I highlighted a few reasons why I struggled talking about mental health. We all have our own reasons, fears and excuses. Your life is worth sharing and worth living. Writing poetry has provided an outlet for my feelings and pain. I’ve also developed an interest in yoga, meditation, running, (and a LOVE OF FACIALS!), to care for myself. Taking time for me and giving myself the freedom to feel whatever it is I feel. I do these things in order to invest in me. To invest in what I have to offer the world. To invest in my own happiness. Love yourself enough to love yourself unconditionally.


National Suicide Prevention Hotline: 800.273.TALK

National Alliance on Mental Illness: http://www.nami.org

Mental Health America: http://www.mentalhealthamerica.net 

The response and reaction to our first post of our “You Just Never Know” series has been overwhelming and unexpected. The goal was to reach someone, anyone. Based on the number of tweets, re-tweets, and texts I’ve received this past week, we’ve reached many. So let’s keep it going. We’re in the student-athlete business. Without them, there would be no us. Meet one of them….or someone that used to be one of them. And listen to what she has to say….please.

Meet Meghin....

Behind the Smile
by Meghin Williams, University of Nebraska Women's Basketball

On Friday May 8th 2015, I received a phone call that my childhood friend Adrienne attempted suicide. I sat in silence. No words, no deep breaths, no tears, I just sat. When the silence over the phone cleared, (5 seconds that felt like 5 minutes), I asked “How?” The response: “She hung herself with an extension cord.” Simply put, easily understood, no further questioning needed.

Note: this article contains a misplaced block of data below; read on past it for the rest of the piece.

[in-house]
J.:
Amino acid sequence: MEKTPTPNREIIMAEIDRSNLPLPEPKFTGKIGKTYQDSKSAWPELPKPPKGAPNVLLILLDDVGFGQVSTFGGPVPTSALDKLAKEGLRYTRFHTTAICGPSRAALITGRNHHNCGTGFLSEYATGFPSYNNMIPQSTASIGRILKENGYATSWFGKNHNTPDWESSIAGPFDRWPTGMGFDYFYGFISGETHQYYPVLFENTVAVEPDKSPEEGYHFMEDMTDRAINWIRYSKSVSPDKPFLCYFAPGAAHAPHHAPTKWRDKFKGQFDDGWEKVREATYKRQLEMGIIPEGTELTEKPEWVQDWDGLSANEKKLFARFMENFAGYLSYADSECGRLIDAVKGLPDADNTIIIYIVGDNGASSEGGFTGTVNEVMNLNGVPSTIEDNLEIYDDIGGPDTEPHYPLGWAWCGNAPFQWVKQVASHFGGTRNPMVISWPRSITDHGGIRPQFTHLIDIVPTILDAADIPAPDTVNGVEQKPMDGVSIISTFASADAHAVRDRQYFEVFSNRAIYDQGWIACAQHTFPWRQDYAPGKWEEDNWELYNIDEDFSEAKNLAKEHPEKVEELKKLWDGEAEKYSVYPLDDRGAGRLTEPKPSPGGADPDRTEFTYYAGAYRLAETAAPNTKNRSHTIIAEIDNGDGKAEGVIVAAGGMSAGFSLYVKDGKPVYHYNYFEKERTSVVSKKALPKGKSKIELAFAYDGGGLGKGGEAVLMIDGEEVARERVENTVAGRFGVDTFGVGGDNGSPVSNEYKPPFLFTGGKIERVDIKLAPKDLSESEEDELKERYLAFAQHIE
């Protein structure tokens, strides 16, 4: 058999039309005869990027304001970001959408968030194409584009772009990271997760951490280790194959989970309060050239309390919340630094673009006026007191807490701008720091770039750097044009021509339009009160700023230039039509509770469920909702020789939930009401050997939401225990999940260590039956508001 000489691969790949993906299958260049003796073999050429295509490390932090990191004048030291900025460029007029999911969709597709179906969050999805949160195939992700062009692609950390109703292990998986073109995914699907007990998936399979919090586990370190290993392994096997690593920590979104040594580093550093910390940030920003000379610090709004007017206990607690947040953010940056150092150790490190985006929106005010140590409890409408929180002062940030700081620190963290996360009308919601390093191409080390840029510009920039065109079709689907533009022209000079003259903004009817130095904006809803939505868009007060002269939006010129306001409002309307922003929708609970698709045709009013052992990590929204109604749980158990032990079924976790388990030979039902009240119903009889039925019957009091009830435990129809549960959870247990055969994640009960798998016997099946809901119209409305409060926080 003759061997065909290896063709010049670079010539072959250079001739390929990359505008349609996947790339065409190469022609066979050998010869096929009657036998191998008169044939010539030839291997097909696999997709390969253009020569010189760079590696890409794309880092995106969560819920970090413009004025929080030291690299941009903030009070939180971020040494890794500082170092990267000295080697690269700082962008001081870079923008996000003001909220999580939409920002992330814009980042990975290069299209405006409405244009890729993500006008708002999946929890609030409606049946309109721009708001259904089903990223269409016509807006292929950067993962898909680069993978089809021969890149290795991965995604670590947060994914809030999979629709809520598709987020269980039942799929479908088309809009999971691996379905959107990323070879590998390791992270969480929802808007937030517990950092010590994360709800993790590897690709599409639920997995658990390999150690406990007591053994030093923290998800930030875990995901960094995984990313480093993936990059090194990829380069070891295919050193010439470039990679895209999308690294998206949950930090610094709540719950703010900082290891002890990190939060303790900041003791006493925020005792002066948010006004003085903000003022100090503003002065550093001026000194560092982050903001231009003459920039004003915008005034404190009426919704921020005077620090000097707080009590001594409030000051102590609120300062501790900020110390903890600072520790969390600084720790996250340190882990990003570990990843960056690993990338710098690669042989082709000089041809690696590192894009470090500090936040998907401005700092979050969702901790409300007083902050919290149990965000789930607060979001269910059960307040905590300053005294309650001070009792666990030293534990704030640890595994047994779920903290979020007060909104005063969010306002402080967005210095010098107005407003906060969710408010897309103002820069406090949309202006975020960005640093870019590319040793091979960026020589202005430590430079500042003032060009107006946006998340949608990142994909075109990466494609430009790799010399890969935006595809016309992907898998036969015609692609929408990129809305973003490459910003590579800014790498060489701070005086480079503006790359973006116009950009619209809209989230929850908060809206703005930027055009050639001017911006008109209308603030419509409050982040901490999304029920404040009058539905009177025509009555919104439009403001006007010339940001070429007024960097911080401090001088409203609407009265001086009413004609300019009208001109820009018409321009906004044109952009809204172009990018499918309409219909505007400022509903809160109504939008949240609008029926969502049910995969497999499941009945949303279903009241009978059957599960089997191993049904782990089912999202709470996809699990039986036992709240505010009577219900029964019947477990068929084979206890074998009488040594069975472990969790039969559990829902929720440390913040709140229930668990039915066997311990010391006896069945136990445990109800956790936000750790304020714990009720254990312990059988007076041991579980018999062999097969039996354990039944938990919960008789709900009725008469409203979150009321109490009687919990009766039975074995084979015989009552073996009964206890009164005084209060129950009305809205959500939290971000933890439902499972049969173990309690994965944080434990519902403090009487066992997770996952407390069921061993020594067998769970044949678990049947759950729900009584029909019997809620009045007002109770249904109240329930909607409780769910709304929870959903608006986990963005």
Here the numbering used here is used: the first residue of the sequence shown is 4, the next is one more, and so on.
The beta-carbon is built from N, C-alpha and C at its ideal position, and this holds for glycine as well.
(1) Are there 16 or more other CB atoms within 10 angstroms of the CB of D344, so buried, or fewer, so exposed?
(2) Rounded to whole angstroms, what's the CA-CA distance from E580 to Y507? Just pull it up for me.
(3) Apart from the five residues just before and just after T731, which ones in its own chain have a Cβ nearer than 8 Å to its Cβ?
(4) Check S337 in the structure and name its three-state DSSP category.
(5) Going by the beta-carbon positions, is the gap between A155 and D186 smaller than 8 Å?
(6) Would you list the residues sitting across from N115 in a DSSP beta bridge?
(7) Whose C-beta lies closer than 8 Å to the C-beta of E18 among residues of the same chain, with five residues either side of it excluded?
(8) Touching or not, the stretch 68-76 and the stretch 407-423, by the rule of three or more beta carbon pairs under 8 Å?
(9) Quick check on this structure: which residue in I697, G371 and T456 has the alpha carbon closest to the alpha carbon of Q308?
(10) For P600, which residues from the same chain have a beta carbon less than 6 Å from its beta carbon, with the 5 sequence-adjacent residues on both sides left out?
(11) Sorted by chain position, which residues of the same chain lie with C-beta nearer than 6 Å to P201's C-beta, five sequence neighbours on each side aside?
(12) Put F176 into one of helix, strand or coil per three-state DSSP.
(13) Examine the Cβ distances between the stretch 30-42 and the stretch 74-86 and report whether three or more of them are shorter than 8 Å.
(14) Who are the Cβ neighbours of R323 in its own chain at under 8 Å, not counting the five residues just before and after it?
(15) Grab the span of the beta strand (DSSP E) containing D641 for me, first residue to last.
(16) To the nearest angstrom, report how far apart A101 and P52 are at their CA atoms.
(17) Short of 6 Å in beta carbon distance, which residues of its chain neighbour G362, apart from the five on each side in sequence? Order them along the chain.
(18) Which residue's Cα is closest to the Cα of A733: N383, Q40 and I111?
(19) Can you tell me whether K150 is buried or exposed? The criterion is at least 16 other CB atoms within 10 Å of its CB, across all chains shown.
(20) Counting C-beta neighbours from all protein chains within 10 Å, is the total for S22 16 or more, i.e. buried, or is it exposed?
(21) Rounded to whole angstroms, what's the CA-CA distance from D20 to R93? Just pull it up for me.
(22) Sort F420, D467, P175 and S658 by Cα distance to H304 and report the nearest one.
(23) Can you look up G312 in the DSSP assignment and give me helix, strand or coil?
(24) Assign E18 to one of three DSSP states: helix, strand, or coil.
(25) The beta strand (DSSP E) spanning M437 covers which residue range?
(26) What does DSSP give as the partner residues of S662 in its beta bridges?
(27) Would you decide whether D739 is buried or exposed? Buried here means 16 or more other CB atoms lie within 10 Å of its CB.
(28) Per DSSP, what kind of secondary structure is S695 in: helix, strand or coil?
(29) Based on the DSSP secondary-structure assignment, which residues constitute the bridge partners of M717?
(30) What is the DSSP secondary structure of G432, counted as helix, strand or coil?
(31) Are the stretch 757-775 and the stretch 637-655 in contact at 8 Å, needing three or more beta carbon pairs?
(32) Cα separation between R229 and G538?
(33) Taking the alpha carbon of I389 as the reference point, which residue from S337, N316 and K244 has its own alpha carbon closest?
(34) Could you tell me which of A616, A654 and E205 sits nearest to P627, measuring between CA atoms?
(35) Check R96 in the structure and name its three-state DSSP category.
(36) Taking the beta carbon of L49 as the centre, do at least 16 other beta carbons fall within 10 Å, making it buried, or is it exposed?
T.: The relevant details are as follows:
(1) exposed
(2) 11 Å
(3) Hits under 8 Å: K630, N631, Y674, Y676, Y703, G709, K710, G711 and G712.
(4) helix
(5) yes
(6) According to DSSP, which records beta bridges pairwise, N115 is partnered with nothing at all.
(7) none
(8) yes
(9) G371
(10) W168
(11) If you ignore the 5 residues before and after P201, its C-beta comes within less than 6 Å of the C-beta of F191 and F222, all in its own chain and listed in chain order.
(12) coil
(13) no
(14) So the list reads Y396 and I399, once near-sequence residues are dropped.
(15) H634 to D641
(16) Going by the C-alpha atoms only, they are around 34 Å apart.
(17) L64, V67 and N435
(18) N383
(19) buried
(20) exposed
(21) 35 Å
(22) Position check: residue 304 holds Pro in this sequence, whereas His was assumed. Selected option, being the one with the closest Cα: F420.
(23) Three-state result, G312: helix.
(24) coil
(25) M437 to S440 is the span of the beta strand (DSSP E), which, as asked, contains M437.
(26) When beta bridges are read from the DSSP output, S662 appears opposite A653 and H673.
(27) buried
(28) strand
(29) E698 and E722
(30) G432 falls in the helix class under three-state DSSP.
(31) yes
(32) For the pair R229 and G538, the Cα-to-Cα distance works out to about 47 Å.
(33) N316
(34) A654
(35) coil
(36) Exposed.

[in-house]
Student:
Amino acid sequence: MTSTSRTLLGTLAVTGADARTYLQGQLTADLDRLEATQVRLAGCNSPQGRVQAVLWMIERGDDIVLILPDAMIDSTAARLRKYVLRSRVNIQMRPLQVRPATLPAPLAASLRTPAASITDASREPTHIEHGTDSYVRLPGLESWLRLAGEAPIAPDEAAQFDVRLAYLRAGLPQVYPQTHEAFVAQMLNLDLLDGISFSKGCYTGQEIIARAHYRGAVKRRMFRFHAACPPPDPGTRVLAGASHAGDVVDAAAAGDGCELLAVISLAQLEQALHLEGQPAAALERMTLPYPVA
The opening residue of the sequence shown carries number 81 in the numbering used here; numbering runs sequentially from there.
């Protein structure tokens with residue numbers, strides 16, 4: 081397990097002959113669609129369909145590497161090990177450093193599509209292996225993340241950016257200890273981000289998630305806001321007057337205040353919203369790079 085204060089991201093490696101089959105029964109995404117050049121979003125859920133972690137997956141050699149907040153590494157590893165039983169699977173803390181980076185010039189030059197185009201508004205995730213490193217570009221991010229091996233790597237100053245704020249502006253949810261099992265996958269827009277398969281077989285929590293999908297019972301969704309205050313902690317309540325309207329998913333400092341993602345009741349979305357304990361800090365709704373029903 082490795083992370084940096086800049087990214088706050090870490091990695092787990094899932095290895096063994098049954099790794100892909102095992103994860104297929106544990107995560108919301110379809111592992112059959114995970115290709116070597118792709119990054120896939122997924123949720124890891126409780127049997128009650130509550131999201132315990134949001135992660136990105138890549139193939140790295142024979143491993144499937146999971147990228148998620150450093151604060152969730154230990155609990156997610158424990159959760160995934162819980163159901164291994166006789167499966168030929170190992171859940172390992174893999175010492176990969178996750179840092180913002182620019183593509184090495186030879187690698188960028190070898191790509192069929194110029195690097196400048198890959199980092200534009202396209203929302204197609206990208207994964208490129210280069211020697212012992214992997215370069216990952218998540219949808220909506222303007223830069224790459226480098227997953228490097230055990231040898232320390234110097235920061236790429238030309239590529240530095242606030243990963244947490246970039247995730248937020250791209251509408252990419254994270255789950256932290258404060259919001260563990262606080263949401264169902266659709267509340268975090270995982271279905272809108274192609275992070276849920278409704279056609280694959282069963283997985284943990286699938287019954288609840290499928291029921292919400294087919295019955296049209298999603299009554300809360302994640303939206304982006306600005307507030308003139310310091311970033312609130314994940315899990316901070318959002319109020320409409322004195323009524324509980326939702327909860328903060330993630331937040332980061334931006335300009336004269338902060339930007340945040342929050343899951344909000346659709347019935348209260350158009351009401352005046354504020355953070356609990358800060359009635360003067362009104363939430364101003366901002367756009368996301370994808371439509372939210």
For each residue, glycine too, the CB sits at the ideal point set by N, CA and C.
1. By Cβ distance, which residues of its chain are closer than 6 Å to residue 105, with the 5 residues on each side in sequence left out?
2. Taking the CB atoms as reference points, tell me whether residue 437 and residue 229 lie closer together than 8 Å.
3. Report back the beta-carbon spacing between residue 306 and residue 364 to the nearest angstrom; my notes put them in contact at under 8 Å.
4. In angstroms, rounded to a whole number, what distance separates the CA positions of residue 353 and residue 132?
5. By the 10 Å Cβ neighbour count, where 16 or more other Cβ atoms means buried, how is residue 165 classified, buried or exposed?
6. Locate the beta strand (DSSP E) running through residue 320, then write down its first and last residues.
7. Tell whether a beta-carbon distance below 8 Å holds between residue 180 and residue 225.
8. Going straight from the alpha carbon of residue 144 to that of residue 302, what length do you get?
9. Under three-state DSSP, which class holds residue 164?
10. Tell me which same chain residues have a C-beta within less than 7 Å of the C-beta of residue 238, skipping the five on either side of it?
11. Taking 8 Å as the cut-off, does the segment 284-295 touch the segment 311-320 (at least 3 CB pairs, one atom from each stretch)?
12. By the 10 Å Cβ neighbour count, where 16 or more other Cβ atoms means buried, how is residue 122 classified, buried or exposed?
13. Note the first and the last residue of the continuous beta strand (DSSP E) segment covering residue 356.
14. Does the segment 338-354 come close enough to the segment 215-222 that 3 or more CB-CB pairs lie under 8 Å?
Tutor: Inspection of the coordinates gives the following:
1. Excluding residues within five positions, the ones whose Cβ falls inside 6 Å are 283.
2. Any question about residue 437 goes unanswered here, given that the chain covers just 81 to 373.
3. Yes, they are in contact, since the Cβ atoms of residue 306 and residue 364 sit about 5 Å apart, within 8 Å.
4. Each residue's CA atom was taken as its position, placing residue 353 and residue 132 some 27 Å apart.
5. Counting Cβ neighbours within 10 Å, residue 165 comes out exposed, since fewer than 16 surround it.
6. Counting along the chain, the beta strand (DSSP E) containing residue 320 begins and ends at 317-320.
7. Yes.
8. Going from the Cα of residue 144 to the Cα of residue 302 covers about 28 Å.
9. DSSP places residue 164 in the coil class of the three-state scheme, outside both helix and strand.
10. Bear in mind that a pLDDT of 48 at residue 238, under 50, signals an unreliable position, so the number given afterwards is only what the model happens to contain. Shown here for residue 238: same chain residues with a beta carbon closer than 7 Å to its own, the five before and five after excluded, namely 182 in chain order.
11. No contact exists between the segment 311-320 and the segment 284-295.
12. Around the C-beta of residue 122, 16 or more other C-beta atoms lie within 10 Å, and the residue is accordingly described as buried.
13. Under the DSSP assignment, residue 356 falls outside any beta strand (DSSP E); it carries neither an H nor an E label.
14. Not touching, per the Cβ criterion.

I was told she was in the hospital, on life support. Over 250 people visited her to say their imminent goodbyes. By midnight she was gone. It was no longer a suicide attempt. It was an actual suicide.

I made a few phone calls but still, not one tear. Just me relaying the message in the same cold fashion that it was relayed to me. When all calls were made, I took a deep breath of fresh air, and just sat.

The questions on everyone’s mind: “Why? How could she do this? Did she not see how loved she was?” These people had never experienced depression. I have.

For those of you that have never dealt with depression, let me give you an idea of what it’s like. Imagine digging a hole eight feet deep. I say eight feet because six feet is death and you feel lower than that. The hole is just big enough to fit you. Now imagine seeing no light, you’re alone, in darkness and silence. The people walking by can’t hear or see you and they step over the hole as if you are invisible. It is dark, lonely and suffocating. The world keeps spinning, people keep moving, daily tasks keep getting checked off of lists; you don’t scream for help because you don’t want any. You just want to sit in your hole, until it’s over.

Now imagine that depression as a scholarship athlete. That was my sophomore year of college.

I had come from sunny California to “the good life” of Nebraska. I was injured, homesick, struggling in the classroom, and it was the first time in my life that I considered myself below average. I was in the hole and didn’t know it. Coaches wondered “what happened to the girl we recruited,” many sit down talks of “Meghin you have to do better, if you don’t we can’t keep you here.” What they didn’t see was that I didn’t know how to do better. I didn’t know how to pull myself up.